HE AU HONUA
I Mana Ka Mauli, I Mauli Ka Mana
About He Au Honua
He Au Honua: Indigenous Research Conference will be held on Maui, Hawaiʻi from Tuesday, March 19 to Friday, March 22, 2019. The opening ceremonies will be a shared event with the Native Hawaiian Education Association at the University of Hawaiʻi Maui College on Tuesday, March 19, 2019 at 5:00 p.m. A lūʻau dinner to follow. The conference is hosted by the Native Hawaiian Education Association.
He Au Honua Conference Title:
He Au Honua derives from the Maori term He Manawa Whenua, the conference title over the last six years where it originated from. He Manawa Whenua is a term for a subterrainal aquifer or an underground spring. Water is life, and because a Manawa Whenua originates deep within the earth, Māori believe it is a most precious resource vital for the well-being of the people. This conference was gifted to Hawaiʻi in 2017 to signify the close ancestral ties between Maori and Kanaka Maoli. In keeping with the original title, He Au Honua where Au– not only refers to era, but also current, be it water, wind, or otherwise. Honua, meaning Earth, yet in other Polynesian languages, the honua (or cognates thereof) could also mean placenta. Being that we are of the honua, the new title suggests that this is our time to come forth more so than we already have. At the heart, of ancestral knowledge is research. Therefore this conference proposes to explore the pool of ancestral or indigenous knowledge and research under the following theme:
I Mana ka Mauli, I Mauli ka Mana
Life is Divine Power, Divinely Powerful is Life
MANA and MAULI exist in all things but the way in which they are seen, understood and utilized are varied and different. Mana is the power we have to influence things in the world, and mauli is the inner life-force inherent, as well as developed, within us. I Mana ka Mauli, I Mauli ka Mana our life force and our spiritual, intellectual, cultural power draw from each other. This speaks to our indigenous intellectual framework that includes our kuleana and relationship with nā akua (divine, supernatural), ʻohana (familial, cultural) and ‘āina (rooted in, related to and responsible for the land/ocean). We have chosen the theme for this conference to continue the movement from the last He Manawa Whenua conference of Indigenous Sovereignty.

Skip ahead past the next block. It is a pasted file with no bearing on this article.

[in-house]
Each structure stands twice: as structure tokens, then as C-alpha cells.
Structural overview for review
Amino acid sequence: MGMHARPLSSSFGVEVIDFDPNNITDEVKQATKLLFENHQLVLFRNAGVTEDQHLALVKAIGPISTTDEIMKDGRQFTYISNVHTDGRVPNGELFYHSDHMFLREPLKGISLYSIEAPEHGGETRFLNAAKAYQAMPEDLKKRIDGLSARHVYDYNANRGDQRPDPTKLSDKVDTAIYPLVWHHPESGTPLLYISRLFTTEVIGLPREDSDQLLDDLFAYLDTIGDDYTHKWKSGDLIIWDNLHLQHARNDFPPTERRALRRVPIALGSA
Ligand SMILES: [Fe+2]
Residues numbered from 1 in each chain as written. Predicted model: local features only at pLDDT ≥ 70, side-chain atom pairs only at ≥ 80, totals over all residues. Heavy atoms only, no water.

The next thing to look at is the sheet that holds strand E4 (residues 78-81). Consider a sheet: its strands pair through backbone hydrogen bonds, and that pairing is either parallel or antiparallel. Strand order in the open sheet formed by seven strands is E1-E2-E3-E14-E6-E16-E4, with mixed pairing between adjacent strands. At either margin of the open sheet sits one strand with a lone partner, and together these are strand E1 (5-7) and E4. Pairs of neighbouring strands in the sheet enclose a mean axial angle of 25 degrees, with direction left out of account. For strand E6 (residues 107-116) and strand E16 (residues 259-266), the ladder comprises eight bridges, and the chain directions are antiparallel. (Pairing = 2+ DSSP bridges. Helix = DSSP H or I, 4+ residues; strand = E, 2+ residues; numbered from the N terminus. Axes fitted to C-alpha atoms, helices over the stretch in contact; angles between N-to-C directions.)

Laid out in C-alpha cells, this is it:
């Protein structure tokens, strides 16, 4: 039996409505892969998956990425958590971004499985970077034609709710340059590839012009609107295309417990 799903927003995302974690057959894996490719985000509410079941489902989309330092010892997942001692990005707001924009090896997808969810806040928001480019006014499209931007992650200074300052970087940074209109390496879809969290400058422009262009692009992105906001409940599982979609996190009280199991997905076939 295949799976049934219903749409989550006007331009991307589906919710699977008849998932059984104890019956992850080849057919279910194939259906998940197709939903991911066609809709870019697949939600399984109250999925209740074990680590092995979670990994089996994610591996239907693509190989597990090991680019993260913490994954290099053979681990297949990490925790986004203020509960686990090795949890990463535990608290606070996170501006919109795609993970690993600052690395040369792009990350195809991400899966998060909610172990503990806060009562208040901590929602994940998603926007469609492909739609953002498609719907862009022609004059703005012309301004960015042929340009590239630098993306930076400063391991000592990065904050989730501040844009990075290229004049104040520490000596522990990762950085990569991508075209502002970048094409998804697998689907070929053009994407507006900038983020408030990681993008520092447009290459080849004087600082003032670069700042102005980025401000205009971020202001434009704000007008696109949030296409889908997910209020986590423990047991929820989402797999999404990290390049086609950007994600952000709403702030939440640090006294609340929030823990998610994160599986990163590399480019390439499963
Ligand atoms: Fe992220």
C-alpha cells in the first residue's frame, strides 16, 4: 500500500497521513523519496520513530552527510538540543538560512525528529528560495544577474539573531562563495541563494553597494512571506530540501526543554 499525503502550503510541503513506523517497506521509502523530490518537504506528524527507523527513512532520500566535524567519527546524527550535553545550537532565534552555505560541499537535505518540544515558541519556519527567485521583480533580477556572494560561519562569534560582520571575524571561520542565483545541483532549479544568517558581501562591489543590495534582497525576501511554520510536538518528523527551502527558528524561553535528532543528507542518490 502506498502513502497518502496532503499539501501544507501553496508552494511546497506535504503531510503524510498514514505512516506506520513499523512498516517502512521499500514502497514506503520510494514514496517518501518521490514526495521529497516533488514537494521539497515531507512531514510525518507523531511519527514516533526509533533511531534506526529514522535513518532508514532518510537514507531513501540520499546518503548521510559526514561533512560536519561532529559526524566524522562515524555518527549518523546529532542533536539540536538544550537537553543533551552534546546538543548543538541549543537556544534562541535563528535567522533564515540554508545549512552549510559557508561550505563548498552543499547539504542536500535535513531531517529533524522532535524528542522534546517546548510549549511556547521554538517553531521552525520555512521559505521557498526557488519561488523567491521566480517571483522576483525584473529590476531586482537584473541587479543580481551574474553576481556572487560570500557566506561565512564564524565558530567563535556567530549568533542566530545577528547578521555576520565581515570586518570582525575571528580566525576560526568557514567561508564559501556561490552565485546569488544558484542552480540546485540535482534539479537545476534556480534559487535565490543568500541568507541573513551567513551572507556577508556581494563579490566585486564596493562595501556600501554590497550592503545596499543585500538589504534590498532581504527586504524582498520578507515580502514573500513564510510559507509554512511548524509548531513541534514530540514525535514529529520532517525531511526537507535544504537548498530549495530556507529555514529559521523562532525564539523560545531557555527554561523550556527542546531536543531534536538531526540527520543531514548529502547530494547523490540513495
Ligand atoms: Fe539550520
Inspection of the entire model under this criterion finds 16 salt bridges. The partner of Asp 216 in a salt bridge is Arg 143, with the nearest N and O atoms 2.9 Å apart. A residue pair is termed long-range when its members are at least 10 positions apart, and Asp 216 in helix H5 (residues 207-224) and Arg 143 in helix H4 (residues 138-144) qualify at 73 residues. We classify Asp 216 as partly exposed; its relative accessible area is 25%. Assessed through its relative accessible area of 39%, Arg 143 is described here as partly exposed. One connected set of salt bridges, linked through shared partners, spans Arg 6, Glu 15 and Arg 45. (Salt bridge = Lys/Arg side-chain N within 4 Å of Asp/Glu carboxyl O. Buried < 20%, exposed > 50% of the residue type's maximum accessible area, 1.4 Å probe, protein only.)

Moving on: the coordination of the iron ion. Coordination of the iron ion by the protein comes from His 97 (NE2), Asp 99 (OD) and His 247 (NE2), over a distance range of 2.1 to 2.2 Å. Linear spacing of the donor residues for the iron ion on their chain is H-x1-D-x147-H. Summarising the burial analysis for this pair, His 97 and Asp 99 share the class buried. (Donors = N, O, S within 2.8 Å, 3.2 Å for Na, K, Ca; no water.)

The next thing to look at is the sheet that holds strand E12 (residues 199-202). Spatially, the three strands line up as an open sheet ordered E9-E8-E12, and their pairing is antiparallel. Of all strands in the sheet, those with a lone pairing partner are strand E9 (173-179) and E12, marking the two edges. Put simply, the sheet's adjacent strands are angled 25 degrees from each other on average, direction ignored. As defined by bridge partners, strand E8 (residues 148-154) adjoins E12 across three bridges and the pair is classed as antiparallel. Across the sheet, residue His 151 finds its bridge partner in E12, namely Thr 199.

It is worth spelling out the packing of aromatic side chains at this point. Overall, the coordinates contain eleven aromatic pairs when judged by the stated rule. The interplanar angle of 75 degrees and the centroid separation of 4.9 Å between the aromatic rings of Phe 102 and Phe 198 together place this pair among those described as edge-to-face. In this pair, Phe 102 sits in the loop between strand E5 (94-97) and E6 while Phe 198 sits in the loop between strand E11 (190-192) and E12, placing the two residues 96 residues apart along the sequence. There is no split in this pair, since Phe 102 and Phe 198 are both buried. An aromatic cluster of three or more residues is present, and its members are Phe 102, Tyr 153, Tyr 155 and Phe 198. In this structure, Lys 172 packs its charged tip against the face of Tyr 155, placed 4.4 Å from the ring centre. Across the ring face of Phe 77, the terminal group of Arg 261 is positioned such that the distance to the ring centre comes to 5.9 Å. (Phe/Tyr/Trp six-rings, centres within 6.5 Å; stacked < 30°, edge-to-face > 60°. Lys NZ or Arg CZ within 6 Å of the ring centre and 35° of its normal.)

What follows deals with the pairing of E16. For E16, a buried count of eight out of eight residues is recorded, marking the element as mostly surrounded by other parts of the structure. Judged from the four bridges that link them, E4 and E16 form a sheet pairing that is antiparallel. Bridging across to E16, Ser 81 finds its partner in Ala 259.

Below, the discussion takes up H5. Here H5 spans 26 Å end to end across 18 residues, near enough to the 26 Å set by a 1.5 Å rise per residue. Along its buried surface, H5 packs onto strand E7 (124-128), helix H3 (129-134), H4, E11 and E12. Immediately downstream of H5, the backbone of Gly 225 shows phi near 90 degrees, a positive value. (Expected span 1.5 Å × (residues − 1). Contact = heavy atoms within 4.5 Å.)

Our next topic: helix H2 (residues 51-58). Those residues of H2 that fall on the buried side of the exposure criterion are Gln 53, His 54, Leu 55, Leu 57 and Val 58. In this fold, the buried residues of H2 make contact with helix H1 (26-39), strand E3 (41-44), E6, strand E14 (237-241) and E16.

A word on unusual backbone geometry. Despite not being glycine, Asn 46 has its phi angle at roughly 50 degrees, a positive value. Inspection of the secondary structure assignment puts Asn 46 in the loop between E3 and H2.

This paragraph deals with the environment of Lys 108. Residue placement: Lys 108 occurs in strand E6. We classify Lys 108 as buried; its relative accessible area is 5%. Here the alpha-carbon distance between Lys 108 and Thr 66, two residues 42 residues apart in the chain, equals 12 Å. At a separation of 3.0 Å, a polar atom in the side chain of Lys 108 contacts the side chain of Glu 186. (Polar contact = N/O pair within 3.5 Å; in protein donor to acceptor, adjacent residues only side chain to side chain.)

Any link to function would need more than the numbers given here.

Day I Keynote Opening Session
Join sisters- Hōkūlani Holt and Ulalia Woodside as they open the 2019 He Au Honua Indigenous Research Conference at UH Maui College.
Hōkūlani Holt is a master hula teacher who first studied with her grandmother Ida Pakulani Long, and later learned from her aunt Kahili Cummings, mother Leiana Woodside and Hoakalei Kamau‘u. Holt is also an educator, playwright, composer and director. Her bilingual hula drama about Maui’s premier chief, Kahekili, toured the U.S., Japan and Germany. In addition to leading the hālau she founded in 1976, Pā‘ū O Hi‘iaka, she directs Ka Hikina O Ka Lā, a Hawaiian student scholarship program at UH Maui College. She also works with nonprofits Kauahea Inc. and Lālākea Foundation, teaches community culture classes, and oversees cultural education centers in Waihe‘e and Wai‘ehu, Maui.
In both her professional career and as hula teacher, Ulalia Woodside is dedicated to the thriving lands, seas, people and culture of Hawaiʻi. Currently the executive director for The Nature Conservancy of Hawaiʻi, she and her team protect and restore native watershed forests, and collaborate with communities to improve coral reefs and fisheries. Prior to joining TNC, Ulalia oversaw and expanded place-based education and natural and cultural resources management programs at Kamehameha Schools. She collaborates to advance cultural ecosystem services research and the unique relationship of indigenous peoples to natural resources management as a contributing author to journal articles. Ulalia serves on the board of directors for Hawai‘i Green Growth, Mālama Honua Public Charter School, Kauahea Inc. and the Lālākea Foundation; organizations dedicated to the advancement of learning, traditional cultural practices, and the preservation of the Hawaiian relationship to land.
Featured Scholar Speakers:
Join Dr. Larissa Behrendt of Australia for a special film presentation on March 20th – Day II Session III. We also invite you to participate in an evening event with esteemed Māori scholar and practitioner, Sir Timoti Kāretu of Aotearoa on March 21st – Day III.
Vendors in Hawaiian arts and crafts, weaving, apparel, carving, jewelry etc. will be invited to purchase space to exhibit and/or sell their products to participants of the conference. Our aim is to provide a marketplace of indigenous authentic items and provide the opportunity for artists, practitioners, and arts organizations to expose their skills and capabilities to a national and international audience.